Malaysia Airlines has warned of further losses in the second half of the year because of the two tragedies to hit the airline in recent months.
In a statement it said it had seen “a sharp decline” in weekly bookings.
It comes as the airline reported a second quarter net loss of 307m Malaysian ringgit ($97.4m; £58.7m) for the three months to June.
The airline has been affected by the crash of flight MH17 in Ukraine and the disappearance of flight MH370.
“We expected the impact of MH370 on the performance in Quarter 2,” said chief executive Ahmad Jauhari Yahya.
“Given that, our team put in much hard work and effort to regain market confidence and rebuild sales. Tragically, just as we were beginning to see signs of recovery in all regions, we were dealt the blow of MH17.
“The full financial impact of the double tragedies of MH370 and MH17 is expected to hit Malaysia Airlines in the second half of the year,” he added.
Average weekly bookings declined 33%, with numerous flight cancellations immediately after the MH17 incident, the company said.
Flight MH370 disappeared on 8 March on its way to Beijing with 239 people on board while MH17 was shot down in Ukraine on 17 July killing all 298 passengers on board. It is unclear who is responsible for the latter incident.
Malaysia Airlines is being taken private by Malaysia’s state investment firm Khazanah Nasional. A restructuring announcement from the company is expected on Friday.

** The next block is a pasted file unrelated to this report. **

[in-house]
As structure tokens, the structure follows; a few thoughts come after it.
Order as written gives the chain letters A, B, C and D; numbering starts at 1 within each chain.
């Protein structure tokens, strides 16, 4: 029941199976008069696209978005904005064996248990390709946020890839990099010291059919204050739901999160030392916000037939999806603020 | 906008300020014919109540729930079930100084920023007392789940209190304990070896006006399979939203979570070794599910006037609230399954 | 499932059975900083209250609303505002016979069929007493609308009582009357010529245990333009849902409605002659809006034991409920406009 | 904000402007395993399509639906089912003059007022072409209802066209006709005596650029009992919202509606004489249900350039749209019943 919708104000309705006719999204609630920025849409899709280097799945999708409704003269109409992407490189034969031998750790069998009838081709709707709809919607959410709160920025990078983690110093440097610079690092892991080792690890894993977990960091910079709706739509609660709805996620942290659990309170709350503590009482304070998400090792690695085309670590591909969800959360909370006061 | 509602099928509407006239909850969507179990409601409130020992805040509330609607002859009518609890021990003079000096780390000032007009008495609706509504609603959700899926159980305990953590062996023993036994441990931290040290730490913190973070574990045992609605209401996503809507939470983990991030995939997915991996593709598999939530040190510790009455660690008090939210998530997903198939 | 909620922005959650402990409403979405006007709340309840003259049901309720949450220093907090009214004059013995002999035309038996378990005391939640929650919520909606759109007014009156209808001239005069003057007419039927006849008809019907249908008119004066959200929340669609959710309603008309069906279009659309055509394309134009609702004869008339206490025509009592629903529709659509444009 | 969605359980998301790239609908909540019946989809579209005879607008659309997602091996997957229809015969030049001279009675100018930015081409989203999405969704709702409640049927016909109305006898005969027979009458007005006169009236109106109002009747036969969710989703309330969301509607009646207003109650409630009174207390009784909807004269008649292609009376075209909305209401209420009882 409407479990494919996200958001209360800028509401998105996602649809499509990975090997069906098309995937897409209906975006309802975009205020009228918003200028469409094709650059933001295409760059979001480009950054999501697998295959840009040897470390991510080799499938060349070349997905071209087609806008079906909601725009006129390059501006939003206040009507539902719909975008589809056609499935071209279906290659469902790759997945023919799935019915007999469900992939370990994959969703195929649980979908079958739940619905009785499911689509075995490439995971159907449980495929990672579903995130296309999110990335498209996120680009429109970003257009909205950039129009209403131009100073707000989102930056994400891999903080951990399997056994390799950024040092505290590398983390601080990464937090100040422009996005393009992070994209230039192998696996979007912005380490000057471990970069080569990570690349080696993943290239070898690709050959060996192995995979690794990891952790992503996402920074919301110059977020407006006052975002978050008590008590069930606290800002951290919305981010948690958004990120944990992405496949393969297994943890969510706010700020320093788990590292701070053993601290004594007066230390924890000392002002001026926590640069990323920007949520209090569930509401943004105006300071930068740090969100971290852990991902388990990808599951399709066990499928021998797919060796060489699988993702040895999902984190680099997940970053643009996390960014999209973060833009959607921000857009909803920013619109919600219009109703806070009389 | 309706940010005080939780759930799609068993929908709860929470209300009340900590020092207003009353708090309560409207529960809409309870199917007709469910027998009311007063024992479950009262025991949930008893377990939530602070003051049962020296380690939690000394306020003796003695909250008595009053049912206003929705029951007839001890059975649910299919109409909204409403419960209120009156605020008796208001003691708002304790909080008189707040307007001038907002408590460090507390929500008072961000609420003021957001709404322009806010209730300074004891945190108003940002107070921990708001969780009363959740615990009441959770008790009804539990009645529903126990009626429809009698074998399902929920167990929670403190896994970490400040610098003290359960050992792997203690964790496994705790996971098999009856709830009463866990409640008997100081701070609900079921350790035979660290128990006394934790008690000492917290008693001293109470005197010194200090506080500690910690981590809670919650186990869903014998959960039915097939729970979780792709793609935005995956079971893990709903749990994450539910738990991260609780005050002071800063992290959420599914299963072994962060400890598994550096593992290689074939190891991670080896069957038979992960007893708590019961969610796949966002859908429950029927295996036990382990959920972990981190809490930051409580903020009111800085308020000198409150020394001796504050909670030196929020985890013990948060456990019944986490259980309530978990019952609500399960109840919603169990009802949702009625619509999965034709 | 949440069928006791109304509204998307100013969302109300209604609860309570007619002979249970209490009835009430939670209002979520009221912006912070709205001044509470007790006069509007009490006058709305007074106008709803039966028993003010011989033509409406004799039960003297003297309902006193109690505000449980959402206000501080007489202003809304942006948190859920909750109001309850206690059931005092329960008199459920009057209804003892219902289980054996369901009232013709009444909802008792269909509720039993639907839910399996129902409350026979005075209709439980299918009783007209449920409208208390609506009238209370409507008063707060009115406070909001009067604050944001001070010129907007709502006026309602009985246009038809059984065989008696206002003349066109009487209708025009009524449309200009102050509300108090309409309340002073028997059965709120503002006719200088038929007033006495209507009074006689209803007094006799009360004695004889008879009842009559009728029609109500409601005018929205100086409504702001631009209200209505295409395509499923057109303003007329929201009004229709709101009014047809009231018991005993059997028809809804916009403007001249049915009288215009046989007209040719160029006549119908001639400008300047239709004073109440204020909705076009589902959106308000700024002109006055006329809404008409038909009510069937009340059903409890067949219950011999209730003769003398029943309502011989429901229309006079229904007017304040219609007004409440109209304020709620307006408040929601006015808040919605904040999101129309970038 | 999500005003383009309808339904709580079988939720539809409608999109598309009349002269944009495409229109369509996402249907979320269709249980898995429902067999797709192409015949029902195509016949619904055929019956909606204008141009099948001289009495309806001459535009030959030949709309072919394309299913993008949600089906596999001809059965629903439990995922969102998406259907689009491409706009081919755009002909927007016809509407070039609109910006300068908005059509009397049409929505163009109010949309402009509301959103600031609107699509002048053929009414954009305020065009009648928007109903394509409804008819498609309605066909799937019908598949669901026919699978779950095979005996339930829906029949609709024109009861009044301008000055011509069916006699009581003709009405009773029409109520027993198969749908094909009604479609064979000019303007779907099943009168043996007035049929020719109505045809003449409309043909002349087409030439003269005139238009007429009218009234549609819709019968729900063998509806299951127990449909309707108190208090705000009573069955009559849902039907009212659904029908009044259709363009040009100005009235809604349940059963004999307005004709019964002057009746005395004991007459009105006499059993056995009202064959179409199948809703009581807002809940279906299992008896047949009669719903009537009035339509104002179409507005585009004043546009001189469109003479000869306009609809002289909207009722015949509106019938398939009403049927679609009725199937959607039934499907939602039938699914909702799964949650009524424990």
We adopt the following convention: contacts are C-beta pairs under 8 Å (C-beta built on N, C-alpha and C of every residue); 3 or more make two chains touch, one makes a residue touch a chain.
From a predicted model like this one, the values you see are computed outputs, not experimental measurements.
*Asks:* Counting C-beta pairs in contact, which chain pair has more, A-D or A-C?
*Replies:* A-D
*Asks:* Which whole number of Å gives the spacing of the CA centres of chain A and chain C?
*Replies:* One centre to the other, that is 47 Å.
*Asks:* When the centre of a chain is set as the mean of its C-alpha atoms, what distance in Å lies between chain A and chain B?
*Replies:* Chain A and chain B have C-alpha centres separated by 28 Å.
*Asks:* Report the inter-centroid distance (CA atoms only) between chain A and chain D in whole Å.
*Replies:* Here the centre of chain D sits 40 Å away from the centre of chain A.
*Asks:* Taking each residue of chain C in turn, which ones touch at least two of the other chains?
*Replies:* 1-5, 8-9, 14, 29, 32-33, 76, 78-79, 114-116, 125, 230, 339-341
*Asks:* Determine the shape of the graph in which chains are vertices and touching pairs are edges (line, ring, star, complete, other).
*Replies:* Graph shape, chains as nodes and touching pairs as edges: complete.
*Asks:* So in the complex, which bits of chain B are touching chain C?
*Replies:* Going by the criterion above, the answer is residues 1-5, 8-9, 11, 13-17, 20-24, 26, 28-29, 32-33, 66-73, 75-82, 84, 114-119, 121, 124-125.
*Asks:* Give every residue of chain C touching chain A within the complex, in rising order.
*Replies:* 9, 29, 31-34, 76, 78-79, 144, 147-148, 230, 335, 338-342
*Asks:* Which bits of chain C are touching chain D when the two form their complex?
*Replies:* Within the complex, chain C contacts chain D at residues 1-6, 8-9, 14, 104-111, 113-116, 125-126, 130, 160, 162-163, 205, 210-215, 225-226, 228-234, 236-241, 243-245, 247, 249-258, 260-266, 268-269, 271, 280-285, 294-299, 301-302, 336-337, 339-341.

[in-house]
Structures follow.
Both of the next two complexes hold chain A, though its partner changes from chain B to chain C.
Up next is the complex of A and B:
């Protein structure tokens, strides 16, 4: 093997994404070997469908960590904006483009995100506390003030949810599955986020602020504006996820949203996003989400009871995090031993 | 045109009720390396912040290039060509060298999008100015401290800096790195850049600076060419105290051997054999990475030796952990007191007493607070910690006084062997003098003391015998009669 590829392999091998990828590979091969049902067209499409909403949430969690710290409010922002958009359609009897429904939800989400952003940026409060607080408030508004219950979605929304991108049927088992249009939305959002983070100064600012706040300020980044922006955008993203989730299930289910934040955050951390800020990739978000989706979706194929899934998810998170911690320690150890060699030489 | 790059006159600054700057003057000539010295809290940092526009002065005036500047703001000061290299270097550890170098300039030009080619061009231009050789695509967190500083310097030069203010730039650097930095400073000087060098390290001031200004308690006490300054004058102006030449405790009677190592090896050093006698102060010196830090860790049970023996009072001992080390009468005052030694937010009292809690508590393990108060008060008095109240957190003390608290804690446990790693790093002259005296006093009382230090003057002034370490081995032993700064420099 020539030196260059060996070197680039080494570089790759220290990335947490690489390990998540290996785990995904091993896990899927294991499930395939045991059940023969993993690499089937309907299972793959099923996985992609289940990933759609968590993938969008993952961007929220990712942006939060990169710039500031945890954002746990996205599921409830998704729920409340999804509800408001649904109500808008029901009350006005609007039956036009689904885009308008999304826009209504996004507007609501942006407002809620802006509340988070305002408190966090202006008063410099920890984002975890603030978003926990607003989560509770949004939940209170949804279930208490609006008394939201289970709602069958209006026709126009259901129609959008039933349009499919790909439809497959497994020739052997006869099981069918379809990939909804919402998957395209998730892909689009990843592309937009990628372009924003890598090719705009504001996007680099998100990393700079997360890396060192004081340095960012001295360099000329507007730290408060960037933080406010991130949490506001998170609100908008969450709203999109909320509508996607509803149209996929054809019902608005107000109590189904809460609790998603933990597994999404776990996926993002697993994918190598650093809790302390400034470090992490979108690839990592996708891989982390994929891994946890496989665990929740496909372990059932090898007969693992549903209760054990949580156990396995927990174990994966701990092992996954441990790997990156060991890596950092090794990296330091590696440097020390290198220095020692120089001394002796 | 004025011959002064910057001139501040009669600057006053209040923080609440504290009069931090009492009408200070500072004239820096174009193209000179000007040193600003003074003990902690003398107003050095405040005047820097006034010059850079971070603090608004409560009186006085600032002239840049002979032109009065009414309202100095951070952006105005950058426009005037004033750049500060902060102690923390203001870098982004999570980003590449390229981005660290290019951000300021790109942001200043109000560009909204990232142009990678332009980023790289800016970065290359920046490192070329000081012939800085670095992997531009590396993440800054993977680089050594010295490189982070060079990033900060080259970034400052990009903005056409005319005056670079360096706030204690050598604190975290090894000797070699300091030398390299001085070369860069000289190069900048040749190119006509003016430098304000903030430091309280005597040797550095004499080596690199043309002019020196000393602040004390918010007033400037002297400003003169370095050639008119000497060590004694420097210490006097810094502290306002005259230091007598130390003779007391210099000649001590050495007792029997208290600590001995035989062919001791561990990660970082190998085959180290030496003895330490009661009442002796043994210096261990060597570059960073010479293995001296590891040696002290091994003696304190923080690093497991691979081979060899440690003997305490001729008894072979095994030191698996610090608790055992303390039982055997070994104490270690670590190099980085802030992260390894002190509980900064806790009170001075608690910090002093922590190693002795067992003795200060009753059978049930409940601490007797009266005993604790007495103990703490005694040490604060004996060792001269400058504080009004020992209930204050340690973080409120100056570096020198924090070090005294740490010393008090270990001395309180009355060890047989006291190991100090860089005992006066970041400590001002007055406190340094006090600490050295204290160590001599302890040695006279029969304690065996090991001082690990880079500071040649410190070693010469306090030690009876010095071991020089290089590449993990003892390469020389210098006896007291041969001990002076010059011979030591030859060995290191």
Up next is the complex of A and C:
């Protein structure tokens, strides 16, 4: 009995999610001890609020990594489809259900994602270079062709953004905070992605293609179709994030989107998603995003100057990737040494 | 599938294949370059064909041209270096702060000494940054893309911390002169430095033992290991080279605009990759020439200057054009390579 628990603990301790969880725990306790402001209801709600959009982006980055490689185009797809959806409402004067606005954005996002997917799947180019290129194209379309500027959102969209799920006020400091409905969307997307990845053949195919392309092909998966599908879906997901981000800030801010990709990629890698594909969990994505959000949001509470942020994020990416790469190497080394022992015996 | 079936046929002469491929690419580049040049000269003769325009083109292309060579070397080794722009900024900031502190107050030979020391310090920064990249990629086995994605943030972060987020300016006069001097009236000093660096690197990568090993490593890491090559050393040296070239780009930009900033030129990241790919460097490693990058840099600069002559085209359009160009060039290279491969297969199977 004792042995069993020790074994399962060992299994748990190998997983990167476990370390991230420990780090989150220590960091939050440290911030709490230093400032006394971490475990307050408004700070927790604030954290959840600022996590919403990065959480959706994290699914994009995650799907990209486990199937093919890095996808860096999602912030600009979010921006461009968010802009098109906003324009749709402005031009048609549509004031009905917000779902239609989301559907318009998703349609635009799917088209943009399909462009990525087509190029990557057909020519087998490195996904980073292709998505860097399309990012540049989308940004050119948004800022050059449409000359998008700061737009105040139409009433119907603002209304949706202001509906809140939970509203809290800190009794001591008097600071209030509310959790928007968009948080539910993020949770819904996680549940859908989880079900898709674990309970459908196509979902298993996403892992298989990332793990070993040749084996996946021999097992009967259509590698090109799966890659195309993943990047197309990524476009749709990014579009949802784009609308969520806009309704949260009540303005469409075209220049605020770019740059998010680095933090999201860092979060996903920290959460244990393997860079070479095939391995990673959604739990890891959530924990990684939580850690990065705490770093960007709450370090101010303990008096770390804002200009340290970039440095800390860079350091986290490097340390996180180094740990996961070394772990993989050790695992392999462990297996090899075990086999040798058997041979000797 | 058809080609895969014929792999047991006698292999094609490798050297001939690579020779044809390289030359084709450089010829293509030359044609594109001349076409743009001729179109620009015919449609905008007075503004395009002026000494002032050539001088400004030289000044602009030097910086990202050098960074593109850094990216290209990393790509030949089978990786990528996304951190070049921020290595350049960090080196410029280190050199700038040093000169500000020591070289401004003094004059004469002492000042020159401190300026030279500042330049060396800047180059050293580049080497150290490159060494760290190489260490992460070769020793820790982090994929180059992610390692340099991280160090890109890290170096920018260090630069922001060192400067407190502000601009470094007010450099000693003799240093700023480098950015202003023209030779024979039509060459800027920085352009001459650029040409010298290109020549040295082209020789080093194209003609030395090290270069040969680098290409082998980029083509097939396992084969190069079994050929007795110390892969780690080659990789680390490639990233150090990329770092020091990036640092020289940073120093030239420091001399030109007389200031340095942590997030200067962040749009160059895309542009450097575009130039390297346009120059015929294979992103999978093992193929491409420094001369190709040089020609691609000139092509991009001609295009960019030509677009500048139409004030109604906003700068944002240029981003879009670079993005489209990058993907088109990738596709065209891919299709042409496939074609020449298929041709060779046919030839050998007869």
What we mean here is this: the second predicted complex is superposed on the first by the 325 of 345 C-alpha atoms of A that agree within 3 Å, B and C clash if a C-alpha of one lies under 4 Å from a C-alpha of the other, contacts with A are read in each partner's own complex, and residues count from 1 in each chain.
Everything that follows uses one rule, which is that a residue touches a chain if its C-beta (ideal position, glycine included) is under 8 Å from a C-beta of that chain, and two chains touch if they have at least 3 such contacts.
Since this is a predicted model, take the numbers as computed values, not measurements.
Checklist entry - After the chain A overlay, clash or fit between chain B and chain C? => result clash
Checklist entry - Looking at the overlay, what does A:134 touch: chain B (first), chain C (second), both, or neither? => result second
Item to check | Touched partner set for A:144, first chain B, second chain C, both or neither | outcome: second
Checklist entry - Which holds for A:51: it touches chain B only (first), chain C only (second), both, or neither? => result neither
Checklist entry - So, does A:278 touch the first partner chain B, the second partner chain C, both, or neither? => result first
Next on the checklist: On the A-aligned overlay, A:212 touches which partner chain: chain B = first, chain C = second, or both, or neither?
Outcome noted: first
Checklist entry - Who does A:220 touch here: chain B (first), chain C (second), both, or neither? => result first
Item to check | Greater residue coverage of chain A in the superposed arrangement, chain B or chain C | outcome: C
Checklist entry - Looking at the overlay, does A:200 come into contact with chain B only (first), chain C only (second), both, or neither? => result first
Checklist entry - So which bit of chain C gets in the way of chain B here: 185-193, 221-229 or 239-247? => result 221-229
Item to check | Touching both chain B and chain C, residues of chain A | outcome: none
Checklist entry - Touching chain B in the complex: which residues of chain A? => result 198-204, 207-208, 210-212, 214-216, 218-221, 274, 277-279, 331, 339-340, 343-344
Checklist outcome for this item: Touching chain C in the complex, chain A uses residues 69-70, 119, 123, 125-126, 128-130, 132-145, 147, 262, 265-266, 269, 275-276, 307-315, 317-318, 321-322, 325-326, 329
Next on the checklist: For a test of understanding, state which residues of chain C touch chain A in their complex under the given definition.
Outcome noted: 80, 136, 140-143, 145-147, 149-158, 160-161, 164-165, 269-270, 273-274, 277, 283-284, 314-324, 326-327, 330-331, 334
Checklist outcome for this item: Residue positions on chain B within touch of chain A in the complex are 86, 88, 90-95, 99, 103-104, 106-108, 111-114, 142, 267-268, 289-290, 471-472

The company said it operated in a “harsh business environment of stiff competition” and that even before the two tragedies it was “acutely aware” of the need to restructure. It has not made an annual profit since 2010.
Media reports suggest as much as 25% of its 19,500 strong workforce could lose their jobs and international routes are likely to be axed.
Reuters reported that the company’s shares would be suspended ahead of the announcement.
The BBC’s Russell Padmore pointed out that Malaysia operates 108 aircraft, a similar sized fleet to Singapore Airlines, which is run with 5,000 fewer staff.
Over the last nine years, Singapore has enjoyed profits of nearly $9bn, compared to Malaysia’s losses of more than a $1bn, he added.
Analysts are sceptical as to whether the company can survive as a going concern.
“It will be immensely difficult for MAS to recover… they have dug a hole big enough to swallow the entire company,” said Shukor Yusof, an analyst with Malaysia-based aviation consultancy Endau Analytics.
“Unless brutal, structural changes are made, there is no long-term future,” he added.